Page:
The team’s big moment came in October 2018 when we were able to offer our customers the first fully productized software version, PowerProtect Cyber Recovery 18.1. The software addresses the four key requirements above including a game changing innovation: the ability to analyze protection copies without data movement or re-hydration. This is made possible by an integration between PowerProtect Cyber Recovery and CyberSense (Index Engines).

Since then, we’ve released four versions of the software, each delivering important innovations to keep our customers’ data working for them, even in the case of a cyberattack.

A logical illustration of the Cyber Recovery solution is shown here:

Innovation at Dell Technologies

All of this is only possible with the right culture and an infrastructure to reward innovation. In looking back on how we were able to create this new solution, let me highlight the following three ingredients to success.

Innovation – Dell Technologies fosters innovation in several ways but noteworthy is the ease at which innovators can file patents to protect great ideas. We filed multiple patents related to Cyber Recovery and inventions are showcased driving profound sense of making a meaningful contribution to the future of a given market segment. Cyber Recovery also provided fertile ground for incubating a different approach to software development and then standardize it across other data protection areas.

Winning Together – Creating markets is difficult and brings a high degree of ambiguity. We were close to failing several times. Coming together as ONE team across product owner, scrum master, and developers vs. the often typical ‘us vs. them’ approach allowed us to accelerate development, reduce waste, and remove impediments quicker. The broader team is equally critical. Relentless pursuit of a winning message from marketing and constant feedback from the field specialists opened a path to success. Dell Technologies’ Cyber Solutions Group in Beer Sheva, Israel ensured that our team is always at the cutting edge of cybersecurity making us more relevant in the security community.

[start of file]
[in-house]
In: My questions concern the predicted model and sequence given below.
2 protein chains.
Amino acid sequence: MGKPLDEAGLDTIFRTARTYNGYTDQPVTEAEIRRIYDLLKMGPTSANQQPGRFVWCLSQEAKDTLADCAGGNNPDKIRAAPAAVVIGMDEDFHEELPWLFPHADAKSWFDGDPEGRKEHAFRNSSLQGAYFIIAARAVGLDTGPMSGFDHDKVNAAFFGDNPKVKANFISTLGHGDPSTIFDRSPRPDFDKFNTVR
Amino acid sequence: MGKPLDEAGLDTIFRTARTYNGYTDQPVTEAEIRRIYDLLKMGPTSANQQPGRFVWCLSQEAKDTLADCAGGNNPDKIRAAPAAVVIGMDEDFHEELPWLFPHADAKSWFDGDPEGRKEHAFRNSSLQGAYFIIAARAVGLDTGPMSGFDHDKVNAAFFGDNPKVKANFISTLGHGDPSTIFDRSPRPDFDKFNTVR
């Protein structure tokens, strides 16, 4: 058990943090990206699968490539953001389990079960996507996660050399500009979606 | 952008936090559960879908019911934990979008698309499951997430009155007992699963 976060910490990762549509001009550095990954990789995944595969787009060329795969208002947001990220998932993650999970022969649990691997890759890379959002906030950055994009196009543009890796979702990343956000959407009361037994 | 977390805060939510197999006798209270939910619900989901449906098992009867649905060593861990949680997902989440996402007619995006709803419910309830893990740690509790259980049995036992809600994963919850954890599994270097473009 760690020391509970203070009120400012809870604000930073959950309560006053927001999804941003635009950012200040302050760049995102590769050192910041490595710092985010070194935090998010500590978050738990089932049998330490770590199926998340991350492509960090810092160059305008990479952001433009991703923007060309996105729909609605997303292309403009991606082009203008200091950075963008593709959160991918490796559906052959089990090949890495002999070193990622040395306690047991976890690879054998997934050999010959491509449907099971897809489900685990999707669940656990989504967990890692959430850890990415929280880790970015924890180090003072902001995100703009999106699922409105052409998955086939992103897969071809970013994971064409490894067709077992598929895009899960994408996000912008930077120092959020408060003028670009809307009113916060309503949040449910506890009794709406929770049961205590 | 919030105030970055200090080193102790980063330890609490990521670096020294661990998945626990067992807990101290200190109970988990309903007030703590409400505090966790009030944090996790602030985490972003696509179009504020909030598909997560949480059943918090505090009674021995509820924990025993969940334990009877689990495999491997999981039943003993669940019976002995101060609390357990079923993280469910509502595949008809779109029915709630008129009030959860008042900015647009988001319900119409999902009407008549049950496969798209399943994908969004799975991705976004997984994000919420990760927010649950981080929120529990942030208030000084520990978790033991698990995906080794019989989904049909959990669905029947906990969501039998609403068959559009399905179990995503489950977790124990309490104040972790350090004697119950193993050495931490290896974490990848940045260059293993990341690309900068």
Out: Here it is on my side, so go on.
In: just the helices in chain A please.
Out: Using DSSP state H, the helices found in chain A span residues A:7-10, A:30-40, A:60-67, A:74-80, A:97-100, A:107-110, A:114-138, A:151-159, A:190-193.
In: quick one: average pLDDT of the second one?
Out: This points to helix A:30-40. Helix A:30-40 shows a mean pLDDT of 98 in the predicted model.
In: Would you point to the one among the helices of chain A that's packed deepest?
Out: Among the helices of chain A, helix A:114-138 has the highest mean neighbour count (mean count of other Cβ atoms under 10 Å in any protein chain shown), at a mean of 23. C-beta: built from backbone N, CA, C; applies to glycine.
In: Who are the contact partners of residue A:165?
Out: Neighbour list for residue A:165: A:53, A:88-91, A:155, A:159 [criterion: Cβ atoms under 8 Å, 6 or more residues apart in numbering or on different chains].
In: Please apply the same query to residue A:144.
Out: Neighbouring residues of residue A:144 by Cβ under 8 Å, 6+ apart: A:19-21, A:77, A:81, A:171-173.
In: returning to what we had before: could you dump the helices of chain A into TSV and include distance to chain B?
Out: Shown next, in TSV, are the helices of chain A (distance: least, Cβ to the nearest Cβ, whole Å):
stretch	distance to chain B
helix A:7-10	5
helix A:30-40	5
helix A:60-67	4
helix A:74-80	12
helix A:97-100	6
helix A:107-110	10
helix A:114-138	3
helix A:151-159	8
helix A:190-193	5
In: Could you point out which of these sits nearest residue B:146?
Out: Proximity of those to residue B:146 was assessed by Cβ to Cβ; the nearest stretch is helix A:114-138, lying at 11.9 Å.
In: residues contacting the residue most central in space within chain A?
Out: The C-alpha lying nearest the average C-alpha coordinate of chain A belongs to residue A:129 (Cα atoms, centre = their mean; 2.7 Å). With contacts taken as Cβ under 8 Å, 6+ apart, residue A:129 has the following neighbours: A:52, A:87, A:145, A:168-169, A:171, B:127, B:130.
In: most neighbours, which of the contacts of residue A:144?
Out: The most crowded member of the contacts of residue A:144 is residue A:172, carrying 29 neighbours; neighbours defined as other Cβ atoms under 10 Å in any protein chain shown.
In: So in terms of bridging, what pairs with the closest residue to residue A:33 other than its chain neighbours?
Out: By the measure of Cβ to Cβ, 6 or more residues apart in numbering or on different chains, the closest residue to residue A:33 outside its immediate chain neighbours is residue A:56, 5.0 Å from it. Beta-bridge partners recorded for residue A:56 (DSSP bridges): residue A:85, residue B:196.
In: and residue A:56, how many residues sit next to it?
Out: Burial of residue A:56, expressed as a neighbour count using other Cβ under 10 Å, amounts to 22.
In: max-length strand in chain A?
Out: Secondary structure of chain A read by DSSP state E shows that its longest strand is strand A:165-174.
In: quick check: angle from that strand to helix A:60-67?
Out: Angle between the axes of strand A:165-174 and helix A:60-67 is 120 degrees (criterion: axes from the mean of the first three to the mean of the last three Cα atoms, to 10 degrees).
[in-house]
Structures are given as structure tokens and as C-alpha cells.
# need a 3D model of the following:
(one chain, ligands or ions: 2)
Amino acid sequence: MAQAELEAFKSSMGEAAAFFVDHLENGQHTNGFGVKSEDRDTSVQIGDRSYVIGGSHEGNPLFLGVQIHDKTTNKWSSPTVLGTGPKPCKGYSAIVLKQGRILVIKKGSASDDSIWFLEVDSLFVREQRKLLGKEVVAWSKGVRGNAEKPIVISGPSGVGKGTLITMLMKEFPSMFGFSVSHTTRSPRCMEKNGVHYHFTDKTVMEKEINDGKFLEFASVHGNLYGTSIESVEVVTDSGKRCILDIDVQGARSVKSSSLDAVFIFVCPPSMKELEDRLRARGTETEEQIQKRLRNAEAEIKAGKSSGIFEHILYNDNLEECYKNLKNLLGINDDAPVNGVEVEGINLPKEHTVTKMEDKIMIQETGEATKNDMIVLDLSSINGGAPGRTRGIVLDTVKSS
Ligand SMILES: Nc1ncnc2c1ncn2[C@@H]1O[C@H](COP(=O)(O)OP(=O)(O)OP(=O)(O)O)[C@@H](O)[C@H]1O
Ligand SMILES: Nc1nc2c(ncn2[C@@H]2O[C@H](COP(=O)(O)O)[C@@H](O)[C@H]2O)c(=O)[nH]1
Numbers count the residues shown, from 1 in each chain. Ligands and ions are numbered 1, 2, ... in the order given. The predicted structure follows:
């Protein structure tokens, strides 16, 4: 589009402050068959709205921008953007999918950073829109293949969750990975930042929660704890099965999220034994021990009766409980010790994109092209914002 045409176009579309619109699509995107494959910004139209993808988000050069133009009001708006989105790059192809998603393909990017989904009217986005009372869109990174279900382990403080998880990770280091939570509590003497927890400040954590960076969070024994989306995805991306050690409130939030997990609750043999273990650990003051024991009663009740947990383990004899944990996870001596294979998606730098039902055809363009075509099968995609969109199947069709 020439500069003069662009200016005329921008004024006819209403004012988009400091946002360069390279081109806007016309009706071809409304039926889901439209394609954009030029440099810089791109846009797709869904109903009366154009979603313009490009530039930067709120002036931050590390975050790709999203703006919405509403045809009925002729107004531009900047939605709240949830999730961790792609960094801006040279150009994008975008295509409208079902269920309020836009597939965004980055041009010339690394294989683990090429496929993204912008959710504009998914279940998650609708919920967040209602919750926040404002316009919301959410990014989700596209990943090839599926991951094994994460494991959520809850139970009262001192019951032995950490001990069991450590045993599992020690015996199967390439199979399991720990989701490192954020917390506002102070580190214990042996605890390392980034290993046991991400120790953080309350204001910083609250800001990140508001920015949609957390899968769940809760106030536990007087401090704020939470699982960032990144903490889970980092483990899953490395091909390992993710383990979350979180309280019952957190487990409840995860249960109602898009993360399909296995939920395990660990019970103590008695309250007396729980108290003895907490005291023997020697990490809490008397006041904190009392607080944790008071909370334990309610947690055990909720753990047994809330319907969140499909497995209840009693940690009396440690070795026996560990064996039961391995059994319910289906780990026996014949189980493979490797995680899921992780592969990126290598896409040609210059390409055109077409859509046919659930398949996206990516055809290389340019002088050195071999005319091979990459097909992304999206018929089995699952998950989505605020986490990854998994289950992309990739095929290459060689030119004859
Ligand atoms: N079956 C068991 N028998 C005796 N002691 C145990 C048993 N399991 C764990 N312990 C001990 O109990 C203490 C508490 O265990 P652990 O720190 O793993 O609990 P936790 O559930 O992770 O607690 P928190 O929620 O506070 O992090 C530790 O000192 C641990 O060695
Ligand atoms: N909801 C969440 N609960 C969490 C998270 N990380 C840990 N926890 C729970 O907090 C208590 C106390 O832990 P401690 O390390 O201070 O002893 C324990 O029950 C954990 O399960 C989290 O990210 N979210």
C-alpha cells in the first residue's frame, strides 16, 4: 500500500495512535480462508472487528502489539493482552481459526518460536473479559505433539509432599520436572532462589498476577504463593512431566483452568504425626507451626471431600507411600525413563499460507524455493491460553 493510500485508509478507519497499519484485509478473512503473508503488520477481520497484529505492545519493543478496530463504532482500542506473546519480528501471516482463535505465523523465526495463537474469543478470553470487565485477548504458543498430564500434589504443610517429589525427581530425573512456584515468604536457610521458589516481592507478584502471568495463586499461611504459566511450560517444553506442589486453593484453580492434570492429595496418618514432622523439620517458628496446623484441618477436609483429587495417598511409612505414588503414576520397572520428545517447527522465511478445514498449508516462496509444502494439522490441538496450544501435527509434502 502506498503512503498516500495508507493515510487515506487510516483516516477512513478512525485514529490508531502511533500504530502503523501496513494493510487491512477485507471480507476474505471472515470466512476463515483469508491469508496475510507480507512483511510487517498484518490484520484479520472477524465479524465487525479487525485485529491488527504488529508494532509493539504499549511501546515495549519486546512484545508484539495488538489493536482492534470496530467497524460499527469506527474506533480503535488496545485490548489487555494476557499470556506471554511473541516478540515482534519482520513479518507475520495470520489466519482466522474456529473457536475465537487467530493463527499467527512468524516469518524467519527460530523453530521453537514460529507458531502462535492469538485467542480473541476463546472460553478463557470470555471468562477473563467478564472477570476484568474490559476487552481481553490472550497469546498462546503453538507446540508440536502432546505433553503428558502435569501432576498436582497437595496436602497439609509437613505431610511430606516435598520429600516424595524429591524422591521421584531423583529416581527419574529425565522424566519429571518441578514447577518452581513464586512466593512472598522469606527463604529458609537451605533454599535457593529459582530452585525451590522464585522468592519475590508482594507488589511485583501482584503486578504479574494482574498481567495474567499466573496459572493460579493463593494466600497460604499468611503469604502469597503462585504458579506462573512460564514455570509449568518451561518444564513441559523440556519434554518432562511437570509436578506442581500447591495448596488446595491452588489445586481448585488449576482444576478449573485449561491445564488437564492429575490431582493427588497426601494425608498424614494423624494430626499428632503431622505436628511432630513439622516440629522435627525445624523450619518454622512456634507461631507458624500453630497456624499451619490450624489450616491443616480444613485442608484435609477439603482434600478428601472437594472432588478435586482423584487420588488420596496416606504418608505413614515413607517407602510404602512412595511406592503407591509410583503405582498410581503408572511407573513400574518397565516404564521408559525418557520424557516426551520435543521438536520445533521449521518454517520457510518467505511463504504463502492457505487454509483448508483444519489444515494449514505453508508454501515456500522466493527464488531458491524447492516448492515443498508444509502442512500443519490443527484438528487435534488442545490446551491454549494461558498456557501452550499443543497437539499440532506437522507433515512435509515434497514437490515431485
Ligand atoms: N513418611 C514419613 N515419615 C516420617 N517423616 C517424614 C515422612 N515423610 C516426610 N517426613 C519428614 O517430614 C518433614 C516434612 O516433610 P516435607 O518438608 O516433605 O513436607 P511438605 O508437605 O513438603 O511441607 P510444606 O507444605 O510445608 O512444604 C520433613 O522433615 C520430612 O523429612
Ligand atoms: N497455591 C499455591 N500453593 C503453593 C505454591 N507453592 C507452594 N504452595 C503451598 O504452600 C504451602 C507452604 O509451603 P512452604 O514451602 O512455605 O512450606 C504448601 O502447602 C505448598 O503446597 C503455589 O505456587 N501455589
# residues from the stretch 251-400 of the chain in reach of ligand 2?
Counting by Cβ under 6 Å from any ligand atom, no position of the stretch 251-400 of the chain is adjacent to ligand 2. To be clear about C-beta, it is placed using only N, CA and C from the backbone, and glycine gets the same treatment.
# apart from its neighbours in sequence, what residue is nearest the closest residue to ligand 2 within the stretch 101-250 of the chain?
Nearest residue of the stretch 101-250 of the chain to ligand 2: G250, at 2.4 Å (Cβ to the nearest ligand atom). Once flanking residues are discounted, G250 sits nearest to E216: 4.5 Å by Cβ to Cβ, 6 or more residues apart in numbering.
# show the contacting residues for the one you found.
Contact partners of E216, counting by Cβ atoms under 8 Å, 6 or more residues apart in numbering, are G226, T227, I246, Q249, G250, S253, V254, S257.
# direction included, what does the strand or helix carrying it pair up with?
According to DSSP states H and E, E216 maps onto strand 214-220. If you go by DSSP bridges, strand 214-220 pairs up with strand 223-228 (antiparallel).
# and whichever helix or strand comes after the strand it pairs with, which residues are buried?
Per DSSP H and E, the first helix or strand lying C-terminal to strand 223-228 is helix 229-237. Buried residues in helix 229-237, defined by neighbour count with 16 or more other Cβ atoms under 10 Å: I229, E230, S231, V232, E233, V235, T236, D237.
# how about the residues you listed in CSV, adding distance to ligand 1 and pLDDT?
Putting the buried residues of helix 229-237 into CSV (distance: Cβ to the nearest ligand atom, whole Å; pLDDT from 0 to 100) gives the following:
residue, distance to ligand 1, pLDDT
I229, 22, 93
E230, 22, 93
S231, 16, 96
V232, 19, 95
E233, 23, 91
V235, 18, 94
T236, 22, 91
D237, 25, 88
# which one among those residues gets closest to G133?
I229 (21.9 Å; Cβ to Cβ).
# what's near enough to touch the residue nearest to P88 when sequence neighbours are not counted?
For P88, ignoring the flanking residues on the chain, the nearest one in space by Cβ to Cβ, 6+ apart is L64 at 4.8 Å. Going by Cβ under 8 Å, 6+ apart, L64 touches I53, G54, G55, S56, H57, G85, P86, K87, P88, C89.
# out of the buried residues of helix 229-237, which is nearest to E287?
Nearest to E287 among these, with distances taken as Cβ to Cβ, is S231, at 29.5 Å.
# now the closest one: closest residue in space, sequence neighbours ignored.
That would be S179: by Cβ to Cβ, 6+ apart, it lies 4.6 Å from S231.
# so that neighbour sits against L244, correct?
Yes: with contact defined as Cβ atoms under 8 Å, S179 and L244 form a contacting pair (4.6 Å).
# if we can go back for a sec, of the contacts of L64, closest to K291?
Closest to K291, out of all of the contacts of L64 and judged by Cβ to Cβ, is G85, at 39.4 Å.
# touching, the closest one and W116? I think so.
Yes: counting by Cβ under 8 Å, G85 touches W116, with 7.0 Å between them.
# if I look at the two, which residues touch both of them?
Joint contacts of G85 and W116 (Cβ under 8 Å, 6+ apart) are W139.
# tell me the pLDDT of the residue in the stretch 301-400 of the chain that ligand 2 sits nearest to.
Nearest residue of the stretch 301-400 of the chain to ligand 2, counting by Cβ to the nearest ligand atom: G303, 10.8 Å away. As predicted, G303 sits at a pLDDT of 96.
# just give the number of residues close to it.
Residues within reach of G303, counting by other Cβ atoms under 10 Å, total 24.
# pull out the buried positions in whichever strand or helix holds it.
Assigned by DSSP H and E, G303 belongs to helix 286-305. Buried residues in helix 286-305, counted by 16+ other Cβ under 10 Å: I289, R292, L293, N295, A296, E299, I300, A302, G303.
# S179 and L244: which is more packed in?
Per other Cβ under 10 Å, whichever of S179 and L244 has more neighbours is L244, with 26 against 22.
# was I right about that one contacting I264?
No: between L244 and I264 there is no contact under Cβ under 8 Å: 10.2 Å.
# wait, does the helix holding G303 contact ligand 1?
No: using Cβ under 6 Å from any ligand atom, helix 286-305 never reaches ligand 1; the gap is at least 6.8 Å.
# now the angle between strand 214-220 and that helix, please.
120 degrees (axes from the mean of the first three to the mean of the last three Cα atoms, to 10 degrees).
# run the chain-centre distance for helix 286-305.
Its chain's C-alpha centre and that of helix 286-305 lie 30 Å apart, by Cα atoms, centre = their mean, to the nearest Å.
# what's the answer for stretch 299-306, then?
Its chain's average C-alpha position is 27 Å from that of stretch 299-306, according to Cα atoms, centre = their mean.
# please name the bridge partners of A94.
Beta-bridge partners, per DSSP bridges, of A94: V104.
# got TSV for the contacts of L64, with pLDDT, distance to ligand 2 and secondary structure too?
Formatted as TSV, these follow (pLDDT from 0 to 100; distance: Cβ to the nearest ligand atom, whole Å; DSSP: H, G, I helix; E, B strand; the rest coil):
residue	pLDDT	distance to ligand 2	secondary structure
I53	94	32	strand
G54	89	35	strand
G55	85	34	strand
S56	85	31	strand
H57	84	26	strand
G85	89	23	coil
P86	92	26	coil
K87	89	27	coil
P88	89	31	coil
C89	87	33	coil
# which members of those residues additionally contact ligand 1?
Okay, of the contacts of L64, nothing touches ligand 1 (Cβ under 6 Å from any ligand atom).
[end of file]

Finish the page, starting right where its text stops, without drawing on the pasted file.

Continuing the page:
Customers and the Art of Active Listening – Winning the very first customer if difficult in and of itself. Keeping a customer can be even harder. Our partnership with Dell Consulting allowed us to understand the customer pain points as well as important corner cases. ‘Game On’ was the first customer to benefit from  our Cyber Recovery solution. Enabled by our agile development approach we could quickly prioritize important areas such as simplifying the installation process and enhancing automation to improve the user experience.

What’s Next and Food for Thought

The area of analytics was briefly covered but opened an entire new dimension worth exploring. Customers tuck away their business continuity copies in the hope to use them for a recovery. But how can they be confident that this data copy is not corrupt? How does their CIO know that the data can be fully recovered after an attack? Sure, a periodic recovery drill is a common approach, but perhaps we can have more automation and mechanisms to ensure that every copy has integrity? What do you think?

[i] ESG Dell EMC Isolated Recovery Custom Research, 2018